Security vulnerabilities in IoT devices were underscored in late 2016 when a DDoS attack – which was launched through IoT devices including webcams, routers and video recorders – overwhelmed servers at Dynamic Network Services, taking down up to 1,200 websites. Moving into 2018, IoT security of consumer devices remains a big concern for customers – according to information service provider Neustar, the frequency of DDoS attacks increased in 2016 due in part to IoT botnets. The Sterling, Va.-based company said it mitigated 40 percent more DDoS attacks from January through November compared with the same span last year. The channel, for its part, plays a critical role in educating customers of the security risks inherent in deploying Internet of Things devices, especially as DDoS attacks continually evolve.

Vendors Will Tighten Focus On Vertical Markets

Industries other than manufacturing are expected to shell out money around IoT solutions. This includes transportation, which is expected to spend $85 billion, and utilities, which is expected to spend $73 billion, according to IDC.

To keep up with these niche markets, vendors will tighten their vertical market focus – through tapping into partners with domain knowledge and critical customer relationships.

"Customers and vendors are looking to the channel to be a trusted advisor," said Forescout's Connet.

More Consolidation In The IoT Market

Throughout 2017, vendors have been aggressively building up their Internet of Things capabilities by acquiring analytics, connectivity, and operational technology security startups. Meanwhile, bigger vendors have been pushing into the connected car space by adding startups with infotainment systems and cybersecurity capabilities to their wish lists. The year was led off by two blockbuster connected car acquisitions in March – Intel's $15 billion purchase of Mobileye and Samsung's $8 billion purchase of Harman.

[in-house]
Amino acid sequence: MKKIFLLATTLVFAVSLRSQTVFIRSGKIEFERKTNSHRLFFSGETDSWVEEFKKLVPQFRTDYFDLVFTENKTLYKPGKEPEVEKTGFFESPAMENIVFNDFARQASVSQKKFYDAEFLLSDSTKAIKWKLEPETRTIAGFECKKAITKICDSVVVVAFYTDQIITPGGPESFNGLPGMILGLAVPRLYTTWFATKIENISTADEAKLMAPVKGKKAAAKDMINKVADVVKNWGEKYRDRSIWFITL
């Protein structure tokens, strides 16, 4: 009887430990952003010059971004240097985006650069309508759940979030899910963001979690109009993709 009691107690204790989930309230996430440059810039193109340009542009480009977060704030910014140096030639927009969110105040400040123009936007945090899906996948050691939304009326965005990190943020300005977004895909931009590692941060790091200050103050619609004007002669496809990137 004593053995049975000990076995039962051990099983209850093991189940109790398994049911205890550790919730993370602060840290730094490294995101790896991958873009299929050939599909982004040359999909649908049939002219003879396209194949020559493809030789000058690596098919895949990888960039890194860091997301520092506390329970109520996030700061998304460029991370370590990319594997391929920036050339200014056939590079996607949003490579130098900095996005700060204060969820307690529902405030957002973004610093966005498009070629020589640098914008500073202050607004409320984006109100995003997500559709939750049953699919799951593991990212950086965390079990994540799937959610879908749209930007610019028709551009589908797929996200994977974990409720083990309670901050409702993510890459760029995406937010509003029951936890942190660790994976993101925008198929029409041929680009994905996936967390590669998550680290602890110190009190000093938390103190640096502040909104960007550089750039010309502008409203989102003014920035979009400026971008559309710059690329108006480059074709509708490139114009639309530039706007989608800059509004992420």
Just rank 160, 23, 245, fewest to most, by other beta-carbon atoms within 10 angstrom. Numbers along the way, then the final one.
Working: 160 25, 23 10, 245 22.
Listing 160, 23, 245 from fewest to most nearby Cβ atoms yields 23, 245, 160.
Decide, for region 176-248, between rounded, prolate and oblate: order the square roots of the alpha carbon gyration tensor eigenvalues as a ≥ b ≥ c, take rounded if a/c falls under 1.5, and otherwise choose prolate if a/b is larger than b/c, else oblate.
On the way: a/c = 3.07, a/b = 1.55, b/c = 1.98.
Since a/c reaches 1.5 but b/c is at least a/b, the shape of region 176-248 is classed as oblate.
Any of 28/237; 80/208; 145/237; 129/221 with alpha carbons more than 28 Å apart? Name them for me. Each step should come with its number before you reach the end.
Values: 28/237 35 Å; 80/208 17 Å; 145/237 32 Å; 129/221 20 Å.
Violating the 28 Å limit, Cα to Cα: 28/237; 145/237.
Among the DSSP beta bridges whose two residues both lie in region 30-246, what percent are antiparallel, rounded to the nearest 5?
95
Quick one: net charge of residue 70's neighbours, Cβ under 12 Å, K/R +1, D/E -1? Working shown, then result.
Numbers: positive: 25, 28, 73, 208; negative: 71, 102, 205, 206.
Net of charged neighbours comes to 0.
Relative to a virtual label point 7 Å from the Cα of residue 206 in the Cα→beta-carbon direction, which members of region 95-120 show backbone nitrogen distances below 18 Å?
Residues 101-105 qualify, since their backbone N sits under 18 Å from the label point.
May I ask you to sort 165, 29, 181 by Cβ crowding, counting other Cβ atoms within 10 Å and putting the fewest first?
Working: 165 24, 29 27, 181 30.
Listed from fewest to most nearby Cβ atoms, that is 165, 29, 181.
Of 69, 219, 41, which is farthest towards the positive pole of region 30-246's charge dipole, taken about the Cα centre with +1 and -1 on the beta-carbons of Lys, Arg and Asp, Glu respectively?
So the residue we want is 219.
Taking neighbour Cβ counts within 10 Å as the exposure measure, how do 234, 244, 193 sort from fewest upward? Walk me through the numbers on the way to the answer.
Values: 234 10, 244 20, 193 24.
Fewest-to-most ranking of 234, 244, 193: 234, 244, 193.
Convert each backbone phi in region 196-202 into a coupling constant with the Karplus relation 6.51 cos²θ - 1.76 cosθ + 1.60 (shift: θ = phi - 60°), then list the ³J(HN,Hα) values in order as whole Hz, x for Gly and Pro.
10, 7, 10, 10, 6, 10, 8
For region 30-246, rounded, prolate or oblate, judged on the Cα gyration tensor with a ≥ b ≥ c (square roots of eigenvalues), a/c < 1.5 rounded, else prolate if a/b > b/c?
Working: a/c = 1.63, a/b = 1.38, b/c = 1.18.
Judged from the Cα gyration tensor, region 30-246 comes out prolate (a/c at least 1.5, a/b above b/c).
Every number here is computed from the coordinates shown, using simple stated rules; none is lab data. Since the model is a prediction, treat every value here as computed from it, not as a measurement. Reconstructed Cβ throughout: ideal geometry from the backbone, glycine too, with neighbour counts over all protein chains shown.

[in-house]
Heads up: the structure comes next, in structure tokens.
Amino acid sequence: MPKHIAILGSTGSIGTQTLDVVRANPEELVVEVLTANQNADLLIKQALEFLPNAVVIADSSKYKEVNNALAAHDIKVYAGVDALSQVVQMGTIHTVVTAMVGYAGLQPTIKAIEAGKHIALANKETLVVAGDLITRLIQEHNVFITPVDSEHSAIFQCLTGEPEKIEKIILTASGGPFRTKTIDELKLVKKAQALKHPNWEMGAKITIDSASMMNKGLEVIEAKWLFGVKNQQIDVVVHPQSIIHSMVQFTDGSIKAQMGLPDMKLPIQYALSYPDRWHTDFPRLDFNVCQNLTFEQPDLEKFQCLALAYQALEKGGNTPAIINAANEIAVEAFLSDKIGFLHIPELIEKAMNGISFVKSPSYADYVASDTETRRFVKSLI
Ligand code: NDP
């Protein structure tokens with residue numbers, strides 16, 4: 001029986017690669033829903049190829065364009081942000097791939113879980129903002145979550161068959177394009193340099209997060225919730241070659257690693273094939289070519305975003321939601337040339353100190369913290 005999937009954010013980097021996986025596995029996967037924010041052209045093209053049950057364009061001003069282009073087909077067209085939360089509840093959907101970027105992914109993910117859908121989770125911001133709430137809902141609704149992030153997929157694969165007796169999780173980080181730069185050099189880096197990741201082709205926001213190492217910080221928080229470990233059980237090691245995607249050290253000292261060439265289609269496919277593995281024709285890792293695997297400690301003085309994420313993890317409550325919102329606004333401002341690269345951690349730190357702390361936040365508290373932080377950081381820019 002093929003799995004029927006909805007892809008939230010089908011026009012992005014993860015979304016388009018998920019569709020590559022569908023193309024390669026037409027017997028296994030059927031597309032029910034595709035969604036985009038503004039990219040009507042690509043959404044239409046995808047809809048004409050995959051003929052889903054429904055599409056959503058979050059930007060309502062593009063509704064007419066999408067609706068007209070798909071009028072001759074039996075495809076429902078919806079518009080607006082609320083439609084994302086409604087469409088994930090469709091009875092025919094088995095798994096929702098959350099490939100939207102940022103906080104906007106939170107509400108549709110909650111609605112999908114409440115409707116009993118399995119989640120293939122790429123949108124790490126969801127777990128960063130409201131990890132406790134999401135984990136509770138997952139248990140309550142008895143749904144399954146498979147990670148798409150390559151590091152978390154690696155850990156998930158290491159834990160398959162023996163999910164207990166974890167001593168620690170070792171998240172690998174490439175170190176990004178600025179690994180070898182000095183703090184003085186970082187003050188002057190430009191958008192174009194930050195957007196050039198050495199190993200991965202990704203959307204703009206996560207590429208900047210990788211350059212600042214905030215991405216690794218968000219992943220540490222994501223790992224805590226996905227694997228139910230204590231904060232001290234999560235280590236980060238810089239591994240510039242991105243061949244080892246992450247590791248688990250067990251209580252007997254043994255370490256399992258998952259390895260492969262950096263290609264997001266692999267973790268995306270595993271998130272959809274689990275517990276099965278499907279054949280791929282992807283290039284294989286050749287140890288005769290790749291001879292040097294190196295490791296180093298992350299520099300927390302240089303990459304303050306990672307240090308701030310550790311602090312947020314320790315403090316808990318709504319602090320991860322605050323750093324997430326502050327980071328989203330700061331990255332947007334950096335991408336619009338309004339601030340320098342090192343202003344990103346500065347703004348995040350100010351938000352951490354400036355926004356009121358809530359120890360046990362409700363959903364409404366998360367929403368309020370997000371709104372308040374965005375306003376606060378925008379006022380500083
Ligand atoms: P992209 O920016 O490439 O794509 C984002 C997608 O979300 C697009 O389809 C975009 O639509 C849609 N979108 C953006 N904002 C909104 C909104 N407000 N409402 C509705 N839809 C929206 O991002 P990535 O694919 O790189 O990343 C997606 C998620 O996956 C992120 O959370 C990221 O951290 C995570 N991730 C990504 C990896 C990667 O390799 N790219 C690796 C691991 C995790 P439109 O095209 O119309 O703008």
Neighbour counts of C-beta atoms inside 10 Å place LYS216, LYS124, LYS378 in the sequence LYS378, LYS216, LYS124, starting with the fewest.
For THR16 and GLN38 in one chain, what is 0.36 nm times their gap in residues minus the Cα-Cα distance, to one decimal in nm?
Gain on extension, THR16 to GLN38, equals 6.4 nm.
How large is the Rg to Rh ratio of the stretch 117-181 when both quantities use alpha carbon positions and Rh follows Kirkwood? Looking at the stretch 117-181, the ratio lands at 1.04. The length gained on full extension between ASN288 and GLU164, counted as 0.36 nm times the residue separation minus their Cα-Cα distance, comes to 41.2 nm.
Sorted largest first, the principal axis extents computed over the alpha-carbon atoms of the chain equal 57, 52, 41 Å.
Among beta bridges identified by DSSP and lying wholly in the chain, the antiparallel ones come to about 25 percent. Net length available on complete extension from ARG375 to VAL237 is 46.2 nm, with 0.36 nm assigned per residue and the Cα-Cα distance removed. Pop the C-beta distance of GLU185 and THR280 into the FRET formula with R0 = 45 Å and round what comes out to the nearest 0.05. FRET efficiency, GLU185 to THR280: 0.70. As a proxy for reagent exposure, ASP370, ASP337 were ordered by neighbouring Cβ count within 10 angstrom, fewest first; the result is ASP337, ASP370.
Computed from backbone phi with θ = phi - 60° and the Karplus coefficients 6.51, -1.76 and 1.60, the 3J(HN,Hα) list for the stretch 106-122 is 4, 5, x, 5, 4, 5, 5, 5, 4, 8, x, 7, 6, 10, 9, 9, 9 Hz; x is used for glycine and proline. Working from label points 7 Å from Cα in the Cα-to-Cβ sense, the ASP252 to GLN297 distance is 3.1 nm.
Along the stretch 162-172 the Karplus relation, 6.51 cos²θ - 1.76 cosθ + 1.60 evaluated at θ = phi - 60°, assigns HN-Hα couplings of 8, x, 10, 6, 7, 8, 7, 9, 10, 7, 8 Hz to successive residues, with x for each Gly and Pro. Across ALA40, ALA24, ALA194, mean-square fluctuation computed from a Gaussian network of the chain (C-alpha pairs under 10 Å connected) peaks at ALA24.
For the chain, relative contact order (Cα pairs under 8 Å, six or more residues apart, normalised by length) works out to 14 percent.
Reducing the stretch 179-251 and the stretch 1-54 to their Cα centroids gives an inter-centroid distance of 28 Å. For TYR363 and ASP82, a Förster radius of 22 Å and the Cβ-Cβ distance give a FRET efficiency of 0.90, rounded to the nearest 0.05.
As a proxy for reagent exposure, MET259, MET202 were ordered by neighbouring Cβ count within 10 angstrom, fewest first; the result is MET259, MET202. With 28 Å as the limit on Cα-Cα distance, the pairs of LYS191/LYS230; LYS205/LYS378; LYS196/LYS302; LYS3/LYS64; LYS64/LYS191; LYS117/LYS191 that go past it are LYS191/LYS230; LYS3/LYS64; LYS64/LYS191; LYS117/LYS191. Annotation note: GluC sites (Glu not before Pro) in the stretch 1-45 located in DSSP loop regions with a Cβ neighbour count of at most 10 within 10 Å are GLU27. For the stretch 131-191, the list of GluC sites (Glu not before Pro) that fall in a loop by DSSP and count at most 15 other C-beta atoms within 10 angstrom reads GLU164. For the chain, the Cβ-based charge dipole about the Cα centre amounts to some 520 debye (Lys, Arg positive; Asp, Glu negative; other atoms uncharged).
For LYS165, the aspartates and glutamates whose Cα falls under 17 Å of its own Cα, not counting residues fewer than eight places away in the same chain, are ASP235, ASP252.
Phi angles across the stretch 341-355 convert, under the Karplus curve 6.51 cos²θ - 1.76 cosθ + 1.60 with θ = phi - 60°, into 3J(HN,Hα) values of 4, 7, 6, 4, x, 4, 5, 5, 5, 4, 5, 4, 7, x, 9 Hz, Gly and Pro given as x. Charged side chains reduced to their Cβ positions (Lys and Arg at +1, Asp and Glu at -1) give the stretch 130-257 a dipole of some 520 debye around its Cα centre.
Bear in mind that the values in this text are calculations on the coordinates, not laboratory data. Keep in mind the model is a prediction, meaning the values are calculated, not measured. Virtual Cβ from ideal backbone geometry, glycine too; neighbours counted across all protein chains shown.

Looking forward to 2018, these acquisitions are expected to continue as vendors continue to roll out their IoT businesses.

Vendors Will Look For OT Partners

As vendors realize just how lucrative the manufacturing space, they will be reaching out to channel partners with expertise in operational technology – including those with close ties to GE, Rockwell Automation and Siemens. In the coming year, IT solution providers and vendors will need to begin to work more closely with the operational technology side of the manufacturing floor.